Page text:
One of the first things you might notice about Katie Atkinson is the unique piercing she has through her upper ear. The silver arrow goes straight through the cartilage, and she’s constantly asked about how painful it was going in. “It always makes me laugh,” says 22-year-old Katie. “I just play along and tell people I didn’t feel anything because I have a high pain tolerance.”
She’s being honest in saying she felt no pain; her ear is actually a prosthetic. Katie was born with a facial difference called Treacher Collins Syndrome, which affects the development of facial bones and tissues. “I have small cheekbones, my breathing was affected and my ears didn’t fully develop on the outside,” she says. “I can hear fine, but only have little earlobes.”
Katie has undergone countless surgeries and procedures to address her condition. She says it often left her with a sense of questioning her abilities. “I wanted to go into nursing, but for a while I had it in my head that I couldn’t do that because I couldn’t properly wear personal protection equipment (PPE), like a mask. I thought my differences would get in the way.”
As a member of a support group in her late teens, Katie became connected with other people living with facial differences, some of whom had undergone reconstruction or received prosthetics. She says that was a light bulb moment. “I came to Sunnybrook in late 2017 to begin the process. I was starting my second semester of nursing school and I thought it was something I wanted to pursue for myself. It was the start of such a great experience.”
Sunnybrook’s Craniofacial Prosthetics Unit is one of only a few in Canada to create customized prostheses for patients who are missing part of their face as a result of illness, injury or congenital birth conditions. Katie says she felt like a co-pilot throughout the whole process, which took a few months to complete.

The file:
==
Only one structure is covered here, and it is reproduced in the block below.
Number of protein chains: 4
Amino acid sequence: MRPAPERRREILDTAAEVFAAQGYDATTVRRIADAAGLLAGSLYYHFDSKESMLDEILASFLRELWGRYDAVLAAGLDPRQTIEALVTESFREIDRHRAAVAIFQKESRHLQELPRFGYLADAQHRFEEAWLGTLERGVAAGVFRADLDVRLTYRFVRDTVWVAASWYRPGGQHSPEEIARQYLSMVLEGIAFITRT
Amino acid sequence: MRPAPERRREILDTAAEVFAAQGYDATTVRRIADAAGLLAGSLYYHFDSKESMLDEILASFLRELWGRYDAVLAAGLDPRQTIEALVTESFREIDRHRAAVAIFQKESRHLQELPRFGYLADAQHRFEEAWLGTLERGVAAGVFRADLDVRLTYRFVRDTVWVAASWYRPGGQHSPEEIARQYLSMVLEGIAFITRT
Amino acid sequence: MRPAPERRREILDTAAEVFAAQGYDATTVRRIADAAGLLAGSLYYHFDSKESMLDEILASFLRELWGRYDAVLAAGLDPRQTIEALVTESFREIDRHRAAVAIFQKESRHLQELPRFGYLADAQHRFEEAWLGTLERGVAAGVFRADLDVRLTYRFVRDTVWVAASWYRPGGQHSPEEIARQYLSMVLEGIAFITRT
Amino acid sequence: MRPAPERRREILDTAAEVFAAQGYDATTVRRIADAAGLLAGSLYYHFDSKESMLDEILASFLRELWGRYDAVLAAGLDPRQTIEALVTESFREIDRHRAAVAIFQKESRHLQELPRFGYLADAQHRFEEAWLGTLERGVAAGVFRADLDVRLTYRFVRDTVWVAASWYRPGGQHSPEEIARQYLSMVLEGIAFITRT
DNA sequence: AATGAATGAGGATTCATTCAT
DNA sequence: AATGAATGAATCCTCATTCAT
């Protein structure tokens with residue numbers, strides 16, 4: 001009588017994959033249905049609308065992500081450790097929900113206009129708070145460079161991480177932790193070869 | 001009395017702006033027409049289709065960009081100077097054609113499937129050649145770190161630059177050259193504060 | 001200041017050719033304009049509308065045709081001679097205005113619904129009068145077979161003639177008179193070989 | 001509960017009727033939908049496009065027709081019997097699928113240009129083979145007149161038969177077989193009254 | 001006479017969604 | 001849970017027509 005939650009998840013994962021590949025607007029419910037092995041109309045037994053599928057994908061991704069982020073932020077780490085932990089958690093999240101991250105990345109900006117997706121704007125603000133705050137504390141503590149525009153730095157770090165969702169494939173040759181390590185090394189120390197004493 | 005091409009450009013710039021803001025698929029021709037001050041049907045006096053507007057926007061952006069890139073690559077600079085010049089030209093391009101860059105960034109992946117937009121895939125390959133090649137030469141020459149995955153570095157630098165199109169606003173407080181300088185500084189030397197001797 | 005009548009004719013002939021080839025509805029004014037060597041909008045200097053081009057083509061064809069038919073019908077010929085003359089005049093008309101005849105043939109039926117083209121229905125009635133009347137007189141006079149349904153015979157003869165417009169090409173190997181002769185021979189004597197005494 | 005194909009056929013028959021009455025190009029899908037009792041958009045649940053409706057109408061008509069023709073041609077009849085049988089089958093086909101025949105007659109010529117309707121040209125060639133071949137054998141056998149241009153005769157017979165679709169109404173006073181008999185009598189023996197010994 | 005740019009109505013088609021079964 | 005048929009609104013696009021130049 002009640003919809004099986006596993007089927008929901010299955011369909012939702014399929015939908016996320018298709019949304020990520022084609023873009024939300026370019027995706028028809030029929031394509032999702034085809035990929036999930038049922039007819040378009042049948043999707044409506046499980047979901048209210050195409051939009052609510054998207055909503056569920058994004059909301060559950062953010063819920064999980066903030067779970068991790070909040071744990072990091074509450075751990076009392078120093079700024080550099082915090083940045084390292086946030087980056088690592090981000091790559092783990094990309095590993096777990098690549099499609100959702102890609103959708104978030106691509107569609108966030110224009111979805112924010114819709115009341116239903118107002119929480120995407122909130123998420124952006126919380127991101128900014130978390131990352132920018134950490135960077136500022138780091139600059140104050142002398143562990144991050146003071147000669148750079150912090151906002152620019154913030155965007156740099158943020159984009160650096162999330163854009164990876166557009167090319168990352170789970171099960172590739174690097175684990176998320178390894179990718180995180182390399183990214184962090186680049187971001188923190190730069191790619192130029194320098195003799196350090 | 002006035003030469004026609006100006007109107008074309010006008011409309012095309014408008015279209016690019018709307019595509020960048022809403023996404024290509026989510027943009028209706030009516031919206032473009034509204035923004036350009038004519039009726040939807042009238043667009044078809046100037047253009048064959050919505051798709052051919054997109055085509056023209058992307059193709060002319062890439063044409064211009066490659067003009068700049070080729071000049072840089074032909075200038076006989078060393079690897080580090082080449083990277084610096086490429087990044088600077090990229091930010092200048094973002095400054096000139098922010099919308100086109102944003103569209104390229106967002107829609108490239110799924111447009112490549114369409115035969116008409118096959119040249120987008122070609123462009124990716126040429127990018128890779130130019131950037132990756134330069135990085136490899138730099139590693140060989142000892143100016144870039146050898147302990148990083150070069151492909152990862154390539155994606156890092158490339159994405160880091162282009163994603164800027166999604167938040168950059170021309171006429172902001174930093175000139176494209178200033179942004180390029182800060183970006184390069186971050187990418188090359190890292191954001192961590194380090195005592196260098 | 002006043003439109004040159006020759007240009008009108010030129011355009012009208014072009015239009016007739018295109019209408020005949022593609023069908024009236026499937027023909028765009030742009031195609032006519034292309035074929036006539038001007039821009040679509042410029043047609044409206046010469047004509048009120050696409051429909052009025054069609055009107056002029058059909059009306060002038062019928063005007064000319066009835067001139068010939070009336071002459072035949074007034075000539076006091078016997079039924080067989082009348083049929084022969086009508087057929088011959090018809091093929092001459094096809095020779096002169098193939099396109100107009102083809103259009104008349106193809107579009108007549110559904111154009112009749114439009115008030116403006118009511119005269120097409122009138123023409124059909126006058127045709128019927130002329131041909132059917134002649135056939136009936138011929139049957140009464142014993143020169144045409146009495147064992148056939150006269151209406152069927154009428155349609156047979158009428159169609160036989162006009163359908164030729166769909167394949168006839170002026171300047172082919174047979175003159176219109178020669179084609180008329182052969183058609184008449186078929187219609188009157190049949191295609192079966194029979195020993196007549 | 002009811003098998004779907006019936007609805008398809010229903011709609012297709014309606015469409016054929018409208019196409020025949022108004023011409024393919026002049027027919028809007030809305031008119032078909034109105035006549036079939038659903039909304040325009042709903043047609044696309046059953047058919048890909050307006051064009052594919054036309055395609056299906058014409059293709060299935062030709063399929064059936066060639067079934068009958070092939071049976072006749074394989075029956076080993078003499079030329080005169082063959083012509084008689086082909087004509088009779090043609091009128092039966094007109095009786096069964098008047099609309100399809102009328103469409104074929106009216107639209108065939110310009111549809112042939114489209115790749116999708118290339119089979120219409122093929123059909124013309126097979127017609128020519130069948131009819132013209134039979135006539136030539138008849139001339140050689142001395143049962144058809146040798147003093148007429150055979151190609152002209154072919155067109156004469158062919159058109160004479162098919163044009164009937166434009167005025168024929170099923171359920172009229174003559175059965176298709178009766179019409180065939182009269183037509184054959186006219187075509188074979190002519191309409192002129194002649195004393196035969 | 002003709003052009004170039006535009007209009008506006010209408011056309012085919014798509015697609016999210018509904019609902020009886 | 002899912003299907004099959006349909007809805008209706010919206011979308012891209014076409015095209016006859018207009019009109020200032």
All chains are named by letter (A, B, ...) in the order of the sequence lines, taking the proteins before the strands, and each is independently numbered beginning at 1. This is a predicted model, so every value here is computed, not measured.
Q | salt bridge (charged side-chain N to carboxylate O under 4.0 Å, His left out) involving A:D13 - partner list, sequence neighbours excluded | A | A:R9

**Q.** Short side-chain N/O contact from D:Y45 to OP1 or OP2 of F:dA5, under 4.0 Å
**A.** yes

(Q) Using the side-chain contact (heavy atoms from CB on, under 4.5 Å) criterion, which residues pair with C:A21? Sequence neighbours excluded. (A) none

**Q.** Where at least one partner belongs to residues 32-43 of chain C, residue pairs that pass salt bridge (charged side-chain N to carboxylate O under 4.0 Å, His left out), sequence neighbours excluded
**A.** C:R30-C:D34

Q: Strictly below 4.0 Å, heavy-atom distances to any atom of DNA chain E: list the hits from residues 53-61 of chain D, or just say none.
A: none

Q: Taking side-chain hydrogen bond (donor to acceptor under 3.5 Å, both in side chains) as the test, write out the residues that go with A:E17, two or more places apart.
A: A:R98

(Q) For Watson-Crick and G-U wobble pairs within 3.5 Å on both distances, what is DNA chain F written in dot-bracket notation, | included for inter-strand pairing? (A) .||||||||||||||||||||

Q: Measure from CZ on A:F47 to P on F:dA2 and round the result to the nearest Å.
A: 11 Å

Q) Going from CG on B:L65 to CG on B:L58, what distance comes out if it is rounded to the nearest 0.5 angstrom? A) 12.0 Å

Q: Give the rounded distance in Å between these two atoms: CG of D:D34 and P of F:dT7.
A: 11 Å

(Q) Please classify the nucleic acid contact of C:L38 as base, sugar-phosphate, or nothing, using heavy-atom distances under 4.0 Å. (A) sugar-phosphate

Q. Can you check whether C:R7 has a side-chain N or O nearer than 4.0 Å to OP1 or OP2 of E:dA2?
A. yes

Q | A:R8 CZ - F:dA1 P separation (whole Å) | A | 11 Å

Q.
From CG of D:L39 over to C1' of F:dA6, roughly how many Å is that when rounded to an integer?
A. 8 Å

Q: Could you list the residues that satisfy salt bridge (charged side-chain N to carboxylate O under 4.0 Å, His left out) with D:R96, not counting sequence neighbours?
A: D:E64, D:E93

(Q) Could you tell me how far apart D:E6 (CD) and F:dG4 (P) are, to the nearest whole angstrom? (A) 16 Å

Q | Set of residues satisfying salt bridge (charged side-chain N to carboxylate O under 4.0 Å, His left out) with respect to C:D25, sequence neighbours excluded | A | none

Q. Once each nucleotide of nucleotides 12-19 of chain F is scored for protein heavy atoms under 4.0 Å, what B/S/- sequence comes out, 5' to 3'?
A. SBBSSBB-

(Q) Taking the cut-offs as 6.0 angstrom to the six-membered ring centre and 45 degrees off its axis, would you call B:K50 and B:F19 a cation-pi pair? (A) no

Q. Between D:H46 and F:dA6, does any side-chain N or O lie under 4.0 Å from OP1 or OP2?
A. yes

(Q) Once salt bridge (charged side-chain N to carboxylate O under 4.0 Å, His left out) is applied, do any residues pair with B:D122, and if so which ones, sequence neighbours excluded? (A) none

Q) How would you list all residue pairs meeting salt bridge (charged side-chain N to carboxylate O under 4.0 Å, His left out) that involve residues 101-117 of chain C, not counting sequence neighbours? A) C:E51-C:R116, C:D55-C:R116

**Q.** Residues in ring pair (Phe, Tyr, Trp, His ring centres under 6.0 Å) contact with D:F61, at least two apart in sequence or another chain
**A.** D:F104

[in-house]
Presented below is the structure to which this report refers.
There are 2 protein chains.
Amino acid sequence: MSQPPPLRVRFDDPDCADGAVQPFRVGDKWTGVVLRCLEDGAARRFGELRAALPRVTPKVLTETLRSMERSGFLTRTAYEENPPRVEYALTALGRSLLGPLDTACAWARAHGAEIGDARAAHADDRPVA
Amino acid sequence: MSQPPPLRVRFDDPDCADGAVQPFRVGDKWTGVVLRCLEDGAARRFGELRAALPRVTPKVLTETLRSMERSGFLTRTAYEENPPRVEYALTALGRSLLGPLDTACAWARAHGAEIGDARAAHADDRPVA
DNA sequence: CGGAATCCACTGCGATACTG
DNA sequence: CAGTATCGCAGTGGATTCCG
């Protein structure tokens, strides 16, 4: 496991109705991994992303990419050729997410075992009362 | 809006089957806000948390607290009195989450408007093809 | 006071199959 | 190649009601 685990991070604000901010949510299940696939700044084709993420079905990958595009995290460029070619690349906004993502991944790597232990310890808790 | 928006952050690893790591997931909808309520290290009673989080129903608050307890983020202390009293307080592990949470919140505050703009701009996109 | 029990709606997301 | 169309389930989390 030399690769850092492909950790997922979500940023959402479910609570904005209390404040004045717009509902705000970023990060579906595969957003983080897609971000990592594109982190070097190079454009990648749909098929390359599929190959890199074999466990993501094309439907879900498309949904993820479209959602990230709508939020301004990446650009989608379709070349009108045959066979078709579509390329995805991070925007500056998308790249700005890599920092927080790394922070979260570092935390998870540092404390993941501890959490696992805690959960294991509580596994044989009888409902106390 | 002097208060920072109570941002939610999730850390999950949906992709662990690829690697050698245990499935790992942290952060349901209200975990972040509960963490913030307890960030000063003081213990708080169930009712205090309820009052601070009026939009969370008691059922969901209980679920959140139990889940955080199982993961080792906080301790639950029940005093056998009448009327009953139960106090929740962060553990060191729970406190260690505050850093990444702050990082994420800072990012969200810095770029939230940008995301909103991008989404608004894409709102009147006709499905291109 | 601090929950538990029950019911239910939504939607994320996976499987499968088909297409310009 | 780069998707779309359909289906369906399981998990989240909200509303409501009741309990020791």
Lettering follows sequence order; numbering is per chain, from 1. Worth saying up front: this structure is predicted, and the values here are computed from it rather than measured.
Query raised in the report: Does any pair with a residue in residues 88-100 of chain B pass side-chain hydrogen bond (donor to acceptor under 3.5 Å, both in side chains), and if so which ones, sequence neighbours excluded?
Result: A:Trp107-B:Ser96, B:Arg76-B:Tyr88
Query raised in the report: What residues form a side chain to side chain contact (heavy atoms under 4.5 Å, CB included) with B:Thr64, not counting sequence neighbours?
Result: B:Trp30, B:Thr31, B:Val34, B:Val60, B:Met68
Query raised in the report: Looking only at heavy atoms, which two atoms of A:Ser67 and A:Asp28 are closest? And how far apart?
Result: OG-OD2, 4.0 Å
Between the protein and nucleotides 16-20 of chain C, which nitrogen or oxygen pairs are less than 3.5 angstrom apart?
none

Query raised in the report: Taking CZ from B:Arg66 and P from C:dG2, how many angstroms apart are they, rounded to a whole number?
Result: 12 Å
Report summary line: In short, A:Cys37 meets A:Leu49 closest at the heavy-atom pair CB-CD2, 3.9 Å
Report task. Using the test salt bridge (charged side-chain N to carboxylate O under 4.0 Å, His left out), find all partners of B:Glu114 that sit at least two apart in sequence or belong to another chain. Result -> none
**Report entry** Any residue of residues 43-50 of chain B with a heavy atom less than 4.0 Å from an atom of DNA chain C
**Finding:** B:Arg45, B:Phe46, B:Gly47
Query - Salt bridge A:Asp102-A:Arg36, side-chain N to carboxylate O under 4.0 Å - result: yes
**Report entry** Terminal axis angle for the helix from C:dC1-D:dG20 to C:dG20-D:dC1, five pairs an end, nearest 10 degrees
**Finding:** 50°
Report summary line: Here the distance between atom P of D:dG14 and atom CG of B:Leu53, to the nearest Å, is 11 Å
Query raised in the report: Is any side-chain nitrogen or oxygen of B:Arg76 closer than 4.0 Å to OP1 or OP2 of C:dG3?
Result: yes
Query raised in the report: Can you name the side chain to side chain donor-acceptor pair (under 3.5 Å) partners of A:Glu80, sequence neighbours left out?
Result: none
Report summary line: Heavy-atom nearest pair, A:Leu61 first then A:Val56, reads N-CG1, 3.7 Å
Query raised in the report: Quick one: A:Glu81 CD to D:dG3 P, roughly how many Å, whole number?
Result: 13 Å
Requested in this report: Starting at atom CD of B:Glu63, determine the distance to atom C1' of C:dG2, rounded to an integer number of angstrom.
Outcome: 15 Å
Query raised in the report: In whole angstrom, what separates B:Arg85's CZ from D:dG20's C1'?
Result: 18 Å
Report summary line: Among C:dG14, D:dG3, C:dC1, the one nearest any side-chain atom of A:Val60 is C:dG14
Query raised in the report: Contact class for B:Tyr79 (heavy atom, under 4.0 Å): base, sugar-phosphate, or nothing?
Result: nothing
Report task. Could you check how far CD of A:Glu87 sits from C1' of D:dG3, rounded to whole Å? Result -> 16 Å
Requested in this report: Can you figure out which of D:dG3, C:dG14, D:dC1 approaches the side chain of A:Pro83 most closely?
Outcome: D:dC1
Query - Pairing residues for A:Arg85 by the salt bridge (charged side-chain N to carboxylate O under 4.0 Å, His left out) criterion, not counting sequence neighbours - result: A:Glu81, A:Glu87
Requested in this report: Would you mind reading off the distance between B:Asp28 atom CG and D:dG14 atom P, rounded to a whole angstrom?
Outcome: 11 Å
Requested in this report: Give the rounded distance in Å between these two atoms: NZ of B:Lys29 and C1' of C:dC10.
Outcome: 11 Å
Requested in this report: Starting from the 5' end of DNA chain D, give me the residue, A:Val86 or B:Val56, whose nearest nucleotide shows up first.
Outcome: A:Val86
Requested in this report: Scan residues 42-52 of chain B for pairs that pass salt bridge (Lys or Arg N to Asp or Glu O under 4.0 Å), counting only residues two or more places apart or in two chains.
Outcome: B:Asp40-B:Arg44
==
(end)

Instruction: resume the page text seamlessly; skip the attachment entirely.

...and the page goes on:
Her prosthetic ears are adhered daily with a special glue. Katie says she can’t believe how realistic they look, and how well they actually work in allowing her to wear the PPE mandated for her job. Now, during the pandemic, wearing a mask has also become important for life outside of work.
“Having the prosthetic has boosted my confidence so much,” says Katie. “I’ve been working as a nurse for about a year now, and I’ve proven my ability to care for my patients. This has been such an incredible experience, personally and professionally.”
She says she’s now looking into possibly getting surgical implants. Rather than using a daily adhesive, this would mean she could literally snap her ears into place every day. For anyone considering a facial prosthetic, Katie says it’s important to educate yourself about what options are available and do what’s best for you.
“I know it’s important to embrace our differences, but there are some days I just want to mesh with everyone else,” she says. “Because of COVID, masks are now a part of regular life, so having the prosthetic has been amazing.”
“My co-workers often say their ears get sore by the end of the day. I just smile and say, ‘I’m good’!”